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Food safety prompts ‘Age of Anxiety’

A new study examines growing concerns over food security 

A man stands in a maize field inspecting crops

The use of food crops such as maize for fuel has been controversial. Image credit Neil Palmer (CIAT)

Anxieties over food safety and security are not just personal pathologies, but also have ‘important social dimensions’.

This is what Professor Peter Jackson of the University of Sheffield is to argue in an upcoming public talk at Cardiff University’s Glamorgan Building. It is, he believes, a “major current issue” with implications for urbanisation, sustainability and climate change.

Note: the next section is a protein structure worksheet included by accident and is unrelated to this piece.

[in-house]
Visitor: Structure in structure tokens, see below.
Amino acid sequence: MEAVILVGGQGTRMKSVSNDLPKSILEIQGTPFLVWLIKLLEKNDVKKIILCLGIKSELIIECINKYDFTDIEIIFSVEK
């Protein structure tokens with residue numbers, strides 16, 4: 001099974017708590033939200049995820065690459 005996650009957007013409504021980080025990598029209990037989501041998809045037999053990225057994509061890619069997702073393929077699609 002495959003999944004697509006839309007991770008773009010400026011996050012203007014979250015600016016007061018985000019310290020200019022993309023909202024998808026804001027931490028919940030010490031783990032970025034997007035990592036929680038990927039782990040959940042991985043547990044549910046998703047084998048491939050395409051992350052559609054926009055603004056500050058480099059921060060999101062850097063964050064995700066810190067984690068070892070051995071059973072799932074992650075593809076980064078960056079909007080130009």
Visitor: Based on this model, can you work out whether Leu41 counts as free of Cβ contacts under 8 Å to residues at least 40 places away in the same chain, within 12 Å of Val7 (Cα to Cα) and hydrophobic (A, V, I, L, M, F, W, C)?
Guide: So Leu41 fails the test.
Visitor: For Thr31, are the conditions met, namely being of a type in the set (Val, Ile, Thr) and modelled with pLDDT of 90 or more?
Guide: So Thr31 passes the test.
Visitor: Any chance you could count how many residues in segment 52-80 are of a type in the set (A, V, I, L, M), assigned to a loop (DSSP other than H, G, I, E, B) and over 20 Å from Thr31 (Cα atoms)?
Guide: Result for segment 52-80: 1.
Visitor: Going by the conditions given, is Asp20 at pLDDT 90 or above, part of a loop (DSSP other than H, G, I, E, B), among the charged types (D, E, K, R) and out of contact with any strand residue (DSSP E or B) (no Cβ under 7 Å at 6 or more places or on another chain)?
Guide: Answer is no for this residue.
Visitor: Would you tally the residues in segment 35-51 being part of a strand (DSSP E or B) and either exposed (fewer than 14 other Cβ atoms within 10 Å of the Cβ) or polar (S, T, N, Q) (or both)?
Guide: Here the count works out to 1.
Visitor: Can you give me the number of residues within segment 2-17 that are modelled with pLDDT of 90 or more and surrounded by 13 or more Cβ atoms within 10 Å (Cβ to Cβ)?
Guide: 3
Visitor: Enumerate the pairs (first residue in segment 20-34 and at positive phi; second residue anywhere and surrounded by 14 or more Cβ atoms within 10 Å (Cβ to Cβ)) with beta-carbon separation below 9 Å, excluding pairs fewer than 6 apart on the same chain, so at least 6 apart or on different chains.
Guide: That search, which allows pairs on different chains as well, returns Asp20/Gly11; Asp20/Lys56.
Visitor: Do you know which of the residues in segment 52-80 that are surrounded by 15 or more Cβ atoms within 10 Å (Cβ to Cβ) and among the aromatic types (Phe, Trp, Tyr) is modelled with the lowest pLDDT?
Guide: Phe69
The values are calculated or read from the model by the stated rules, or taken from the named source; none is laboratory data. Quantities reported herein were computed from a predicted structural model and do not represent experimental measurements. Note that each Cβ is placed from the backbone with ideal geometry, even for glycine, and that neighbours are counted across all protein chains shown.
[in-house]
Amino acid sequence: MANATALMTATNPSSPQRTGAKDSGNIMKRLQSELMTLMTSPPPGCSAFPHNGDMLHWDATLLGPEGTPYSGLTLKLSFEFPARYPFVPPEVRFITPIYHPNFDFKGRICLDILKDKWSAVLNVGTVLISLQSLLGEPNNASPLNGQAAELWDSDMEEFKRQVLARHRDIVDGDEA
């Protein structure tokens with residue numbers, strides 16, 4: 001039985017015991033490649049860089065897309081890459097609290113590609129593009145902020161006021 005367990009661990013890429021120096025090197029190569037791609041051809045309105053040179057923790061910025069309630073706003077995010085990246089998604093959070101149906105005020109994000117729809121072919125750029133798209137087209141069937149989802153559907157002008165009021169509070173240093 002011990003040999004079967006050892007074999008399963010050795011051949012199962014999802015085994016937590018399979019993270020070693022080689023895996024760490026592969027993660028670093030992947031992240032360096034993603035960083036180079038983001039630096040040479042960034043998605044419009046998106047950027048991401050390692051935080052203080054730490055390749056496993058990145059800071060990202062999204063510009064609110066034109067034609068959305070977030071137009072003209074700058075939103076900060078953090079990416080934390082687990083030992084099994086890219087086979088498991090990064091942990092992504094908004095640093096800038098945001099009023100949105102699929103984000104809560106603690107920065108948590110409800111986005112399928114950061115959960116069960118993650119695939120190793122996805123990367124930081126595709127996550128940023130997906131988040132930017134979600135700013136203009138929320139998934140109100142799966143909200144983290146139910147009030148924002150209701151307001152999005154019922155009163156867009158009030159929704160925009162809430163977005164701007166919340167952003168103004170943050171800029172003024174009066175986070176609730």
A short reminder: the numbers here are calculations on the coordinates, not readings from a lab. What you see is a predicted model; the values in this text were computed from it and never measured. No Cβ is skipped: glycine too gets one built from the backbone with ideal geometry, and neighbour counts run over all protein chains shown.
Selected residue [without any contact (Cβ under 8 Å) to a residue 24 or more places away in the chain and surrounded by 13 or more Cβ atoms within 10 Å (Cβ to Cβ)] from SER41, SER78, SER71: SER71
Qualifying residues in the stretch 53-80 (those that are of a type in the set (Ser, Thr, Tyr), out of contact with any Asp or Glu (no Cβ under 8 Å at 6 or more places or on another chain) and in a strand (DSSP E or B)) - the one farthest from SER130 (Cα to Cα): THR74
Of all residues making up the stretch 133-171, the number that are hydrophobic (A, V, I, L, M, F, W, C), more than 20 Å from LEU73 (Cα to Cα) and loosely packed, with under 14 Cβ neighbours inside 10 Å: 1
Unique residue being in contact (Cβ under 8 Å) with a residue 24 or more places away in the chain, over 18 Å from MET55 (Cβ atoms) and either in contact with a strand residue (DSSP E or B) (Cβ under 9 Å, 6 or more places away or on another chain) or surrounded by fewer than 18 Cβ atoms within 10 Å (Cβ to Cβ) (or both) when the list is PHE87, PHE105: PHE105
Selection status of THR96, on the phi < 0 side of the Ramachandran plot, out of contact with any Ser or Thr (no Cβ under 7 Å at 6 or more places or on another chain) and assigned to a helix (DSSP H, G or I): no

He contends that much needs to be done, including “changing our diets, eating seasonal food, growing our own fruit and vegetables and a host of other local initiatives.”

The talk follows a Consumer Culture in an Age of Anxiety (CONANX) study conducted by Jackson and his colleagues. Among other conclusions, they found that 51% of respondents believed that food is less safe now than 10 years ago.

The talk will be held on 26 November at 5.30pm.


Professor Guy Poppy of the University of Southampton attempts to tackle the subject of food security

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